Nonstandard Standard Error Issues
We have normality. I repeat, we have normality.
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Today, software packages routinely compute asymptotic standard errors derived under weak assumptions about the sampling process or underlying model. For example, you get regression standard errors based on formula (3.1.7) using the Stata option robust. Robust standard errors improve on old-fashioned standard errors because the resulting inferences are asymptotically valid when the regression residuals are heteroskedastic, as they almost certainly are when regression approximates a nonlinear conditional expectation function (CEF). In contrast, old-fashioned standard errors are derived assuming homoskedasticity. The hangup here is that estimates of robust standard errors can be misleading when the asymptotic approximation that justifies these estimates is not very good. The first part of this chapter looks at the failure of asymptotic inference with robust standard error estimates and some simple palliatives.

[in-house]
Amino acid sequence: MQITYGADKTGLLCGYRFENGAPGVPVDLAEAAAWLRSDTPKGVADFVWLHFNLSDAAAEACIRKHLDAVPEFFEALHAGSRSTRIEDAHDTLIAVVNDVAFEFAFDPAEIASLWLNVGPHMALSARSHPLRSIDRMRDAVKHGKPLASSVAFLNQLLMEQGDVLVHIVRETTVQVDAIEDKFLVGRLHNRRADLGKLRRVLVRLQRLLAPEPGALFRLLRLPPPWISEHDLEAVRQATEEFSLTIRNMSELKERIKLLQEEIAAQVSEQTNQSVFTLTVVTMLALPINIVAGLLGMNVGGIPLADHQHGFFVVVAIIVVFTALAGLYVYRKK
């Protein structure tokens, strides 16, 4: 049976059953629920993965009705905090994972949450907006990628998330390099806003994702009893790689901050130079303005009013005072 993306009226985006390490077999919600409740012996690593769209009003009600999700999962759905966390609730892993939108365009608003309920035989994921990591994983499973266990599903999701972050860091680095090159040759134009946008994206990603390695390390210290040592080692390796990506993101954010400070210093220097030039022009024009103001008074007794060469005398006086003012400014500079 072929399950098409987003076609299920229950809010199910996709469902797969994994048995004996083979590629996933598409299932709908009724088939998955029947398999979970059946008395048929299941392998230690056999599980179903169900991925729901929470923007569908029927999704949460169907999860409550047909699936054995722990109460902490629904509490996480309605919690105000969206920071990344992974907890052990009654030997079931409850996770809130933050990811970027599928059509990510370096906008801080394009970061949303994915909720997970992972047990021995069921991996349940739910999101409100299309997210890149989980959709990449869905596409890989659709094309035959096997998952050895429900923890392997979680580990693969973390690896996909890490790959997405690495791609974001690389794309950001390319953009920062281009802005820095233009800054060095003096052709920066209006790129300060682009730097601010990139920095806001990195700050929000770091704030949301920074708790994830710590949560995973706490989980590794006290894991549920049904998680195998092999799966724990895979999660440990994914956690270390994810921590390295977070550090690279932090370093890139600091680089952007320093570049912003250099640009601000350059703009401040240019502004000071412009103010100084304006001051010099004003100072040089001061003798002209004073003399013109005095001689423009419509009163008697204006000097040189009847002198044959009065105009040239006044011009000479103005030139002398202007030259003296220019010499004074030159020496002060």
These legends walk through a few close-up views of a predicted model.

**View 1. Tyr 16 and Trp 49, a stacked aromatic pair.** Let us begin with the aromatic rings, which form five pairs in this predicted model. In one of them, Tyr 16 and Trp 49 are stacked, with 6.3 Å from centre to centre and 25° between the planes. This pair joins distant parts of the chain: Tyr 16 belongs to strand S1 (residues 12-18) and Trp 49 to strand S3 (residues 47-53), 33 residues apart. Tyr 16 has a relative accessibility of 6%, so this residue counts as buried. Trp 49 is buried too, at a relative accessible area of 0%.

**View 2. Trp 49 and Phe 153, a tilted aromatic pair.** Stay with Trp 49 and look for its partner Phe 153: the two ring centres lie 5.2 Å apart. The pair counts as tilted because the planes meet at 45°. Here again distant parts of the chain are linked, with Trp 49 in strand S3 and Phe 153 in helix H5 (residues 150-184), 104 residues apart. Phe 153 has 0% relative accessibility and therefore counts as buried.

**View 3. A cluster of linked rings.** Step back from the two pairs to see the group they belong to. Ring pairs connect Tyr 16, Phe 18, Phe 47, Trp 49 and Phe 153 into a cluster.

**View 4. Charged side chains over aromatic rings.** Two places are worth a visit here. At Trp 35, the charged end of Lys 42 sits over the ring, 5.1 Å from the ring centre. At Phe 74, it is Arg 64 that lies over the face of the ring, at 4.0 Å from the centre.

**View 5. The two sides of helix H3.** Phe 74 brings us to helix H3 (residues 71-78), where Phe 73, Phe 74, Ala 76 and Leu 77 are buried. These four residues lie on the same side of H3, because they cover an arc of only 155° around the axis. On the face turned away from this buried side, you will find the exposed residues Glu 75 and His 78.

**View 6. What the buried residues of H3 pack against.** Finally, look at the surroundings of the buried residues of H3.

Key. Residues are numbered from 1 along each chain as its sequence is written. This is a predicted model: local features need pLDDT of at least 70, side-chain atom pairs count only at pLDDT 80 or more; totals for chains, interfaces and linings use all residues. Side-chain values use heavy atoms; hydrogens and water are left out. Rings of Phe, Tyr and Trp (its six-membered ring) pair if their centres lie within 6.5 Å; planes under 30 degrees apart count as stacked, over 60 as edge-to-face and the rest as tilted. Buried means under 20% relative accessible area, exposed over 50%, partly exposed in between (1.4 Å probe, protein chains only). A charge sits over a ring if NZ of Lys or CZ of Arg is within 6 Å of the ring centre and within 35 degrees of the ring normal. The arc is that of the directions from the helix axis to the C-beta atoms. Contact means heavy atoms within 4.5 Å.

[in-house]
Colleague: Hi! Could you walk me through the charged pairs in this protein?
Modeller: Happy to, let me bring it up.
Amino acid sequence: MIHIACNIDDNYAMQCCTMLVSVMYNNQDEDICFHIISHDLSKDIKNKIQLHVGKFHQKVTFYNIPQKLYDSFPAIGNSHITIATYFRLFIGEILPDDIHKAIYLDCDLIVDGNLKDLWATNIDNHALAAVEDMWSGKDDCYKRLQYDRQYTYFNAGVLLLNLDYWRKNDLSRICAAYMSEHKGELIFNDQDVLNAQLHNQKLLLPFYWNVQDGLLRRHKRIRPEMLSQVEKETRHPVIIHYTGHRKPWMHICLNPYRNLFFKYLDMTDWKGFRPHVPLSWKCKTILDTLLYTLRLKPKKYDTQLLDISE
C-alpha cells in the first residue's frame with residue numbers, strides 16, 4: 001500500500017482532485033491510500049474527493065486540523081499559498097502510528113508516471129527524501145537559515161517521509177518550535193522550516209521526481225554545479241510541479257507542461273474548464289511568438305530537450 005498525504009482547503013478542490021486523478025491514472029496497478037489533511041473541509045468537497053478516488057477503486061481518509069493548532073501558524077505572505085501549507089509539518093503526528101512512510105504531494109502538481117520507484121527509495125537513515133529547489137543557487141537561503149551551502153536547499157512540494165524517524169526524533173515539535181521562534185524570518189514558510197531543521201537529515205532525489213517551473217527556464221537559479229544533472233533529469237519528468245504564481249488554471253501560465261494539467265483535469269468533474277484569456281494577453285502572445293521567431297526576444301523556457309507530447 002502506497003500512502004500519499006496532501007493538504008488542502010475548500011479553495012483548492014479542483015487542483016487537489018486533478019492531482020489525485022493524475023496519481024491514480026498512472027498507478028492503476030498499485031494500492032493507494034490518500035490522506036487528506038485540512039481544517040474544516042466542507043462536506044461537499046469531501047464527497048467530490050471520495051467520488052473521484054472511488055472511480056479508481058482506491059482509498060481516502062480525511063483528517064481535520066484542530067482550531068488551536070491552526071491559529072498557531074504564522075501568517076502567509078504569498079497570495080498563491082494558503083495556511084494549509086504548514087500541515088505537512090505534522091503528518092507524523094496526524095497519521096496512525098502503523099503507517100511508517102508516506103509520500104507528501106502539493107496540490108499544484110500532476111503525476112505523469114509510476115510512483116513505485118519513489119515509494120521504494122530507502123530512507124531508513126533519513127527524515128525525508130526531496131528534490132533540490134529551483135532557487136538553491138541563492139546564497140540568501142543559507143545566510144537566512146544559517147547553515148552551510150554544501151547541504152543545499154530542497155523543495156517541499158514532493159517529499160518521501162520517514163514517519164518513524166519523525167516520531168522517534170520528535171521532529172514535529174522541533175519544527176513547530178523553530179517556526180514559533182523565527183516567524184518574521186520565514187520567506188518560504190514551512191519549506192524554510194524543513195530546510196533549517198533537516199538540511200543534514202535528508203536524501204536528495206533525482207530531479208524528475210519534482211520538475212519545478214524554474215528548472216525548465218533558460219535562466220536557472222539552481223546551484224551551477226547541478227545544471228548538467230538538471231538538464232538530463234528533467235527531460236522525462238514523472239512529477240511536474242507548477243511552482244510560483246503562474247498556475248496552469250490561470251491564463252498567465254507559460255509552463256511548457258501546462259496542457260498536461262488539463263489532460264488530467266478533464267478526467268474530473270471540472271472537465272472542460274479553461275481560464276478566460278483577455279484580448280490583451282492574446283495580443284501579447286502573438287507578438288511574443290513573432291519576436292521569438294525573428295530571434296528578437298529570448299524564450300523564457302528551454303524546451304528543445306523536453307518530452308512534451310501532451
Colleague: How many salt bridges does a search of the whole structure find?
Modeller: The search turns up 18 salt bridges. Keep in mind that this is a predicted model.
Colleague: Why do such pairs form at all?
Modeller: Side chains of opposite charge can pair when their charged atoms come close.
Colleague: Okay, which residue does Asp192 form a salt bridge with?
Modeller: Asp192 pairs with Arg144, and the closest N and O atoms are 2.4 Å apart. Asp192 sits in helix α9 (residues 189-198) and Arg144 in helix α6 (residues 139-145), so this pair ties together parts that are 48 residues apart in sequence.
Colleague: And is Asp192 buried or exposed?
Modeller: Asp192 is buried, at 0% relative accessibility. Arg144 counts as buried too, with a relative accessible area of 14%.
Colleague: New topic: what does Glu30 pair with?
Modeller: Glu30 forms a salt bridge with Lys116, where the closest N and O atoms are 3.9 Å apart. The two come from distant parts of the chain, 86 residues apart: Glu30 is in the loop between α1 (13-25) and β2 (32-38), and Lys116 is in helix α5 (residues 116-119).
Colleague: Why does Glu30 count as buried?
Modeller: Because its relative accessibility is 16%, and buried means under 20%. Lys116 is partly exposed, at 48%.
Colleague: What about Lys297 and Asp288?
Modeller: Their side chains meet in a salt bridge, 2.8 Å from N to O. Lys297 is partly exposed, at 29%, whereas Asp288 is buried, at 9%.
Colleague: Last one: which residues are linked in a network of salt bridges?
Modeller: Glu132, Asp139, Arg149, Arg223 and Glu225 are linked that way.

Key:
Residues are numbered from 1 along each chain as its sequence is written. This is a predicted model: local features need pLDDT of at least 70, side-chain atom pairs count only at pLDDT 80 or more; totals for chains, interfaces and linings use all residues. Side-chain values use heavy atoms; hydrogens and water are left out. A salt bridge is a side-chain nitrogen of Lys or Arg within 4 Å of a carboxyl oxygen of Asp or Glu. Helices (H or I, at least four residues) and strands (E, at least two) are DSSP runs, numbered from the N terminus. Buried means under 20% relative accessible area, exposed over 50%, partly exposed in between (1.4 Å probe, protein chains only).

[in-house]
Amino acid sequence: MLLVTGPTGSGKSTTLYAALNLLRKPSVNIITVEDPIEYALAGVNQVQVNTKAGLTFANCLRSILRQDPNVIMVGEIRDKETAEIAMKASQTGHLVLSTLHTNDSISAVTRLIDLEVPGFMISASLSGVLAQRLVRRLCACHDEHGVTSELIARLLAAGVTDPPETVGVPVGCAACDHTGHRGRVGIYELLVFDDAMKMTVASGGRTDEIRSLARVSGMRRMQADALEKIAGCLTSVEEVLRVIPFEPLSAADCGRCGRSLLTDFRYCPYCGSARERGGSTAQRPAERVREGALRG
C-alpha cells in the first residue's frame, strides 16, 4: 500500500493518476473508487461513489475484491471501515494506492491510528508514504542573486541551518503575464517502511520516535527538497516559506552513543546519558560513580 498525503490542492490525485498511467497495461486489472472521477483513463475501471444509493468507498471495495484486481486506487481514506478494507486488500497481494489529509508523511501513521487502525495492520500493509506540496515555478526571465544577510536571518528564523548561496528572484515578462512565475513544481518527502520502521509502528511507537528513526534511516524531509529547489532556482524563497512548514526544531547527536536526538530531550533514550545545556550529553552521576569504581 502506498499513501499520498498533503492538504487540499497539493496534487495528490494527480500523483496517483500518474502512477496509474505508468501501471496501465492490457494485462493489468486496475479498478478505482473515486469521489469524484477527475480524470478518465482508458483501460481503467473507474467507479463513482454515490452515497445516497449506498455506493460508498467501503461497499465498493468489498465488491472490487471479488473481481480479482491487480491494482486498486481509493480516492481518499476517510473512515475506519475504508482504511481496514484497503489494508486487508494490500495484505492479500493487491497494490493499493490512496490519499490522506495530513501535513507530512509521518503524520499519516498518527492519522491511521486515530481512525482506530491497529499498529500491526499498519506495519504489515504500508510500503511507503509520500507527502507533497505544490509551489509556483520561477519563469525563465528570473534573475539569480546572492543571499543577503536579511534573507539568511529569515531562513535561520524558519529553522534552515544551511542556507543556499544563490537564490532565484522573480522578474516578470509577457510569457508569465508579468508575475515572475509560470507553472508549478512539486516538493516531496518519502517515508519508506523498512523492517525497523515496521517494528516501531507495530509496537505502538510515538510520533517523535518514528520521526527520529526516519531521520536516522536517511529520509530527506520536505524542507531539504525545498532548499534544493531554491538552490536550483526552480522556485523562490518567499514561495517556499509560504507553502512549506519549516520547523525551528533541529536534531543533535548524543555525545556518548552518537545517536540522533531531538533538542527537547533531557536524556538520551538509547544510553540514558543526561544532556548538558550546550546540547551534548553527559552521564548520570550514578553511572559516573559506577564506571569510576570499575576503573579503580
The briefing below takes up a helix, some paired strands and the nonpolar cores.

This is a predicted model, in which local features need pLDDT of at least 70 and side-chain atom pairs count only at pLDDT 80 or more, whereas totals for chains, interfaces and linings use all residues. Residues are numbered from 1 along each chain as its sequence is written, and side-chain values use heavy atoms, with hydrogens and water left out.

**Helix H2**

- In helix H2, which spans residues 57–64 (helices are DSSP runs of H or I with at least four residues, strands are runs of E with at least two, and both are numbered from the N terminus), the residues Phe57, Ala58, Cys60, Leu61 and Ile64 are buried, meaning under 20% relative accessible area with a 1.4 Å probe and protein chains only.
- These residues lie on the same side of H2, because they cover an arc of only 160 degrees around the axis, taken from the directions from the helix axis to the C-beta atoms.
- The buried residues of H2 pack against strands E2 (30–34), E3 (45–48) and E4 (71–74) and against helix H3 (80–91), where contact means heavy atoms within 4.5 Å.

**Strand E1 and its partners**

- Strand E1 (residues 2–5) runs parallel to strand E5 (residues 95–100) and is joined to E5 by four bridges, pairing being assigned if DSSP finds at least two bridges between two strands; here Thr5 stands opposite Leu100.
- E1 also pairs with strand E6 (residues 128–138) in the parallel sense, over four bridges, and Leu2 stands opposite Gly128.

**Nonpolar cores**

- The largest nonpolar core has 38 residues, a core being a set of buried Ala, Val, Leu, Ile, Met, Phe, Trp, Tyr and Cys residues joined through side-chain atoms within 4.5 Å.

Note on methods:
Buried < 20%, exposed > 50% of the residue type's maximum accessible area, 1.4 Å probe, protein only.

A pillar of traditional cross section inference—and the discussion in section 3.1.3—is the assumption that the data are independent. Each observation is treated as a random draw from the same population, uncorrelated with the observation before or after. We understand today that this sampling model is unrealistic and potentially even foolhardy. Much as in the time series studies common in macroeconomics, cross section analysts must worry about correlation between observations. The most important form of dependence arises